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Again, by promising a complete delete, kids could feel more comfortable revealing more than what they would do otherwise.
But what you probably didn't know is that a lot of images from Snapchat are regularly posted to revenge porn sites, called "snap porn."Snapchat may not be the #1 app used for sexting but that's not to say it isn't the principal appeal of the app for many: Users think their snaps will disappear and they are wrong.
Although not every teen will use social media the same way, Pew’s focus groups help shed light on some common behaviors.
Help keep youth safe by discussing what healthy communication in relationships looks like—both online and offline.
It's actually pretty easy to recover a Snap, take a screenshot of it and share it with others -- and by others, we mean porn sites.
No parent wants to find a photo of their teen daughter or son on sites like snapperparty or sexting forum.
Not everything online is evil, nor does danger lurk behind every new app that comes to market. Kids can hide any app they don’t want you to see, Teen Safe says.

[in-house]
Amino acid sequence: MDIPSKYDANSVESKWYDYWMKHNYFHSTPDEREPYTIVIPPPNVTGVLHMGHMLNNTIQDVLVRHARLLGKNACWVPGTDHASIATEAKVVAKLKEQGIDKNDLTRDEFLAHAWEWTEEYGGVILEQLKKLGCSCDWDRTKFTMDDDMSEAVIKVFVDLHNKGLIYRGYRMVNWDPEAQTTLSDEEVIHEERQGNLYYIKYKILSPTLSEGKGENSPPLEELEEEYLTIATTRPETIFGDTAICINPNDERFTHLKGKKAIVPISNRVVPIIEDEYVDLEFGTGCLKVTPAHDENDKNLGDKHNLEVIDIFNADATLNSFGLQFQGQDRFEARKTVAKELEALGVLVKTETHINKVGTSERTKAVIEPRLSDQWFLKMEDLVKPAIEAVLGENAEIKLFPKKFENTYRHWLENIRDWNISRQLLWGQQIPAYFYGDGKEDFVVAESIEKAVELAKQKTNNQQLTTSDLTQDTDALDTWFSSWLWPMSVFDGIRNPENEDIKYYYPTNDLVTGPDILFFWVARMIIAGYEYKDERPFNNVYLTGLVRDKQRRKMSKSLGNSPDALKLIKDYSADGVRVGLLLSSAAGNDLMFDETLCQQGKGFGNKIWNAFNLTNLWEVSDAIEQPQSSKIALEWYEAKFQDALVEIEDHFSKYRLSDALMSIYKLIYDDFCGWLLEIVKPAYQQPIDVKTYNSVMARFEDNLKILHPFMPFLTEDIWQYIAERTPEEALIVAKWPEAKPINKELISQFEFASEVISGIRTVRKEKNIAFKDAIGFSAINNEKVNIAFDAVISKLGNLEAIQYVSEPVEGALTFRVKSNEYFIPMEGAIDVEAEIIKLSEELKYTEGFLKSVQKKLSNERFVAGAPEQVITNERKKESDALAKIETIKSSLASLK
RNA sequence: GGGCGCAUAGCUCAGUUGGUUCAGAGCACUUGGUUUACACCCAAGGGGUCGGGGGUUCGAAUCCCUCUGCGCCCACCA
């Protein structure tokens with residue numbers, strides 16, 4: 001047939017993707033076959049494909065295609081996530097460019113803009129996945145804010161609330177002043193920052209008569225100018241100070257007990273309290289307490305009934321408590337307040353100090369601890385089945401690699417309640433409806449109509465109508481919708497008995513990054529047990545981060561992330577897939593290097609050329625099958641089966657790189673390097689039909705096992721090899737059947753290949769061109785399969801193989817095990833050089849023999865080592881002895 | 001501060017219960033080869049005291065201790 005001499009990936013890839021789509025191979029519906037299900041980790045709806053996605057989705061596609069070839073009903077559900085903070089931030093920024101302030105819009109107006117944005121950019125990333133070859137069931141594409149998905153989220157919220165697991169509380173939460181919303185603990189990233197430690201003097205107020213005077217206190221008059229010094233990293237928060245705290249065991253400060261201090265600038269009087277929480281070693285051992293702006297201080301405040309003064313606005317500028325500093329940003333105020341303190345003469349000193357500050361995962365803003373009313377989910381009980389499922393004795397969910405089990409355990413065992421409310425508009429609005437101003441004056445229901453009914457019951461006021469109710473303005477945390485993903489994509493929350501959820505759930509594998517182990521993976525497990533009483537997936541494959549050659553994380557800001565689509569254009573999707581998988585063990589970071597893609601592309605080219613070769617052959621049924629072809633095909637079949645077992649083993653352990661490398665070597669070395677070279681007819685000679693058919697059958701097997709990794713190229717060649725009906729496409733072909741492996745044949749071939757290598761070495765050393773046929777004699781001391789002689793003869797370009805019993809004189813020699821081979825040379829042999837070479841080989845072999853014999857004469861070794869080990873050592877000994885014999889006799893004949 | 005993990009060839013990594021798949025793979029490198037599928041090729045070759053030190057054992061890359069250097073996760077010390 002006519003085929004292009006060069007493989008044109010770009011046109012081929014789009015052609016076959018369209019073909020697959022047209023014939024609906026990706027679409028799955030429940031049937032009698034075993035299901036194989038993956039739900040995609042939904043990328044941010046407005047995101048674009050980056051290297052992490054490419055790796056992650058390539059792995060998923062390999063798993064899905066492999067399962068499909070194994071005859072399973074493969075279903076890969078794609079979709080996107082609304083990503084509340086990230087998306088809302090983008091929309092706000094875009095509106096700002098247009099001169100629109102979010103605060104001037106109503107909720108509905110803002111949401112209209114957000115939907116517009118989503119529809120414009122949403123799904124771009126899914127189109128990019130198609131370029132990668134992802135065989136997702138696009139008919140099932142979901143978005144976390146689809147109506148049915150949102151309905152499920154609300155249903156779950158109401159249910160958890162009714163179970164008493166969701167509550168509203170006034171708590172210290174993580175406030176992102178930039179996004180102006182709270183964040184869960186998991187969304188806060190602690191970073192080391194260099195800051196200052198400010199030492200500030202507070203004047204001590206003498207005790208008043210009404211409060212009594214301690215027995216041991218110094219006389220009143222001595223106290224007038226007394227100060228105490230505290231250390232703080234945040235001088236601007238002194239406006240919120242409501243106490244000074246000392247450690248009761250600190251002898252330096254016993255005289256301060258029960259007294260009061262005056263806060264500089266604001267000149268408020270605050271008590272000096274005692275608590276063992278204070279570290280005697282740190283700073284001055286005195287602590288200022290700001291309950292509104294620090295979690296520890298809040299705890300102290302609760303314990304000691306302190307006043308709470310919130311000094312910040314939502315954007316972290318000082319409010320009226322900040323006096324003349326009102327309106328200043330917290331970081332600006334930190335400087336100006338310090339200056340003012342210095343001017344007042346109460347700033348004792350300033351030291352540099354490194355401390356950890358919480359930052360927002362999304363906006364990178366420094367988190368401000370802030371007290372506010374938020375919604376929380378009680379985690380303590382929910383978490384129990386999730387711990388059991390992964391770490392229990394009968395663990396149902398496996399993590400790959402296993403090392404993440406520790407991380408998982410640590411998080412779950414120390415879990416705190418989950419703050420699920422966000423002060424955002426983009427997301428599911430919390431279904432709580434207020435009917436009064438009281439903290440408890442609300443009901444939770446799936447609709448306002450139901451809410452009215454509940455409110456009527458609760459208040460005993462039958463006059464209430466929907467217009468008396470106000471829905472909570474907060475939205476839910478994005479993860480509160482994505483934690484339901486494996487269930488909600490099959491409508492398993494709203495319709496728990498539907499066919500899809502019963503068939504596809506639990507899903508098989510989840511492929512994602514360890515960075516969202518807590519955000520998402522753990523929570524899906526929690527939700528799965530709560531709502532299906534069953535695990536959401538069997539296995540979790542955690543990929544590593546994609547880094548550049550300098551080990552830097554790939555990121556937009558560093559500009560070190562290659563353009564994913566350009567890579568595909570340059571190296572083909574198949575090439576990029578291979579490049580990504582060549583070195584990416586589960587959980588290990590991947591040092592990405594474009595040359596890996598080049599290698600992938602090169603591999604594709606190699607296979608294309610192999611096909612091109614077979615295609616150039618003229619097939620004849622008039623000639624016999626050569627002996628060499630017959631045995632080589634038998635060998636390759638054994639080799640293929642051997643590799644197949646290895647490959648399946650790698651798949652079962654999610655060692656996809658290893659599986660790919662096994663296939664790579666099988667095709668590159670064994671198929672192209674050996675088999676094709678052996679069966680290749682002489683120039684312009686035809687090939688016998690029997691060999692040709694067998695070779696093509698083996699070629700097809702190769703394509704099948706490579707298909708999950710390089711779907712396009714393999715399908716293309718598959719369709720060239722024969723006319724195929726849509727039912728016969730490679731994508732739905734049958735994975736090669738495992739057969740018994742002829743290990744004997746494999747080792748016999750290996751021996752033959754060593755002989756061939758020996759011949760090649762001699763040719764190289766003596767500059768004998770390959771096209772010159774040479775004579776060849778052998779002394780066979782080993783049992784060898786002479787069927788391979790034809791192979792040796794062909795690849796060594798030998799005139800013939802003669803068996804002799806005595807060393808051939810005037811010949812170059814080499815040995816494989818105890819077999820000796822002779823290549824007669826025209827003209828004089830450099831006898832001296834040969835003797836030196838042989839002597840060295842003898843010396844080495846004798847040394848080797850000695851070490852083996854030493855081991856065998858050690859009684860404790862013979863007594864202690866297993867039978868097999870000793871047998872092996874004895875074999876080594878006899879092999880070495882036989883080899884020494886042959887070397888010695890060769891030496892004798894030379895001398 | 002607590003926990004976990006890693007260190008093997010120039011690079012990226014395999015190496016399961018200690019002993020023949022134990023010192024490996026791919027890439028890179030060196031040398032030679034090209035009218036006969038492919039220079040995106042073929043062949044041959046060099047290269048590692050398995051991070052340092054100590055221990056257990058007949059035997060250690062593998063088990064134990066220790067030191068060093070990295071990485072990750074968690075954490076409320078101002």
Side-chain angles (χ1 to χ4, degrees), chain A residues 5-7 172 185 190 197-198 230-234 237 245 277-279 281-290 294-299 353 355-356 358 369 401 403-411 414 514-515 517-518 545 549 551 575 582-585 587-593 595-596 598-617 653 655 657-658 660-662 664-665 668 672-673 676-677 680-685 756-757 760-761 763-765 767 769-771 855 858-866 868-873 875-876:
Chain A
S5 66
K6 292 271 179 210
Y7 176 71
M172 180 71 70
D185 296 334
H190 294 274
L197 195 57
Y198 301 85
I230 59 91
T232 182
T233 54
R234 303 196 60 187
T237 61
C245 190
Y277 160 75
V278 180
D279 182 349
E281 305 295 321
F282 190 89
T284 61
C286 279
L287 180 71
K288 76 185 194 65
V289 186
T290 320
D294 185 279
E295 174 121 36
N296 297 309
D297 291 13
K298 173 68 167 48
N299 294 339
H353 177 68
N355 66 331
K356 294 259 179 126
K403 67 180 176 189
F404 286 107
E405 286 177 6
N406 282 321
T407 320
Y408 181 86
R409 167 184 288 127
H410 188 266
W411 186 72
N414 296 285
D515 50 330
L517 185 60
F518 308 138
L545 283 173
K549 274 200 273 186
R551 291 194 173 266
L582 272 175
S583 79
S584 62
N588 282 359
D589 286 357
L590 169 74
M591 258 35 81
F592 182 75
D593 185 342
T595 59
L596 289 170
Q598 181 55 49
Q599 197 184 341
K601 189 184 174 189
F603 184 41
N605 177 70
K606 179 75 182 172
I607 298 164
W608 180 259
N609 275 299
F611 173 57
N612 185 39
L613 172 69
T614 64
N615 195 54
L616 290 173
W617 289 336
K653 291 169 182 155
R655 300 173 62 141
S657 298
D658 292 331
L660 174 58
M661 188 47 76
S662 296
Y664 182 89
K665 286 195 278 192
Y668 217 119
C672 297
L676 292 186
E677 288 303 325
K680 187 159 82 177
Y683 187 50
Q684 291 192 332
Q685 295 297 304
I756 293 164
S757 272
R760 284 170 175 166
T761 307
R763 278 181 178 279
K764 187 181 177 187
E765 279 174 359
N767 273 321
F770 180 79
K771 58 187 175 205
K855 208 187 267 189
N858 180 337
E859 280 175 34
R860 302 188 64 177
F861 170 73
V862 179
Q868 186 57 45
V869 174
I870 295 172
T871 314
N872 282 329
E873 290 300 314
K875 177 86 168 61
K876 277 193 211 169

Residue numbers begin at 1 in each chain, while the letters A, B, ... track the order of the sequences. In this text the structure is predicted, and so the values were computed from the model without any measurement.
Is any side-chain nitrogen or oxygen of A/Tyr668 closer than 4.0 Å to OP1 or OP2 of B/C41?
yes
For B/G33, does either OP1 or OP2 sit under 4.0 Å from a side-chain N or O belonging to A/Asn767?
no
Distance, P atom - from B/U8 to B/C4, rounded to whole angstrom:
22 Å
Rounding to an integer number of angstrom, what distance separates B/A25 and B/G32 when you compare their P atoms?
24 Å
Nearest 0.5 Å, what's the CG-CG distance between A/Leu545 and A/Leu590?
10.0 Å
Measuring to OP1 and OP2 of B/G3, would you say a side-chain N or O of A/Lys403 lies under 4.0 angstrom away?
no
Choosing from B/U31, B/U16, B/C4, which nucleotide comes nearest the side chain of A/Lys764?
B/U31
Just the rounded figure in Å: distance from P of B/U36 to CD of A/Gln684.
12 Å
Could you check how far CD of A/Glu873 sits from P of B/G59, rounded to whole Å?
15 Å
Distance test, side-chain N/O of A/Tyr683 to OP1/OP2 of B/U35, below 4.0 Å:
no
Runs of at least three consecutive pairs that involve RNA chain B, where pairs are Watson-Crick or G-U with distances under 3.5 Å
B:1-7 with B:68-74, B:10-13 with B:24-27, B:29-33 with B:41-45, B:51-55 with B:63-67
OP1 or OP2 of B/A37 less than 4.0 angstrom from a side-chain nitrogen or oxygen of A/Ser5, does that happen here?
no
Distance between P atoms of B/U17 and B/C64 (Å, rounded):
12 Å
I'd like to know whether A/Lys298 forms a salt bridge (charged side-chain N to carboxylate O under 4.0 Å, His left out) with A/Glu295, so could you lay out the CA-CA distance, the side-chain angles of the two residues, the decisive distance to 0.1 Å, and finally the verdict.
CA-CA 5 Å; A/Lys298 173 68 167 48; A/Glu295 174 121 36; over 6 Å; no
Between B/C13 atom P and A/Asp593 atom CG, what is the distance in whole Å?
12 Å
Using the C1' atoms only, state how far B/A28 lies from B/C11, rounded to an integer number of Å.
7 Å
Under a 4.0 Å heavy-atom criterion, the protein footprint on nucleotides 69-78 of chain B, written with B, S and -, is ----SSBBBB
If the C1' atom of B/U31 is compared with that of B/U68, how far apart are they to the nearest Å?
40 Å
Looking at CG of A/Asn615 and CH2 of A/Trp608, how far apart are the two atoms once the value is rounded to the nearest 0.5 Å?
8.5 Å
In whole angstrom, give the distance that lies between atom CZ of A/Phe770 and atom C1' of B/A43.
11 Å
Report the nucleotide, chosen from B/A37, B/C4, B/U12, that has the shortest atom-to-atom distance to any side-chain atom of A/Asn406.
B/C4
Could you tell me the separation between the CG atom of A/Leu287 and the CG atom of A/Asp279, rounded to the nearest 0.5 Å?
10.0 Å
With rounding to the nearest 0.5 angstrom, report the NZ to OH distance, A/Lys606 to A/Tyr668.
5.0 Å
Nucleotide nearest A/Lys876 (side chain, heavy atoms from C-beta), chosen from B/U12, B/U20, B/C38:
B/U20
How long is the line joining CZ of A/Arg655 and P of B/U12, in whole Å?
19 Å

But keeping up with your teens' and preteens' online activities is much like trying to nail jelly to the barn door -- frustrating, futile and something bound to make you feel inept. Such is the case with Audio Manager, an app that has nothing to do with managing your teen's music files or controlling the volume on his smartphone and everything to do with him hiding things like nude photos from you. When you press and hold the Audio Manager app, a lock screen is revealed -- behind which users can hide messages, photos, videos, and other apps.This is a real up-and-coming app, says online safety expert Lewis.It's an all-in-one mobile hub for chatting, sharing photos and videos; free texting and video calls too. Things can get dicey with the hidden chat feature; users can decide how long their messages can last (two seconds or a week).The Pew Research Center conducted a series of focus groups with teenagers between April 2014 and March 2015 to find out.The focus groups provided researchers a glimpse of how teens use technology in dating.Vaulty will not only store photos and videos away from parental spying eyes, but it also will snap a photo of anyone who tries to access the "vault" with the wrong password.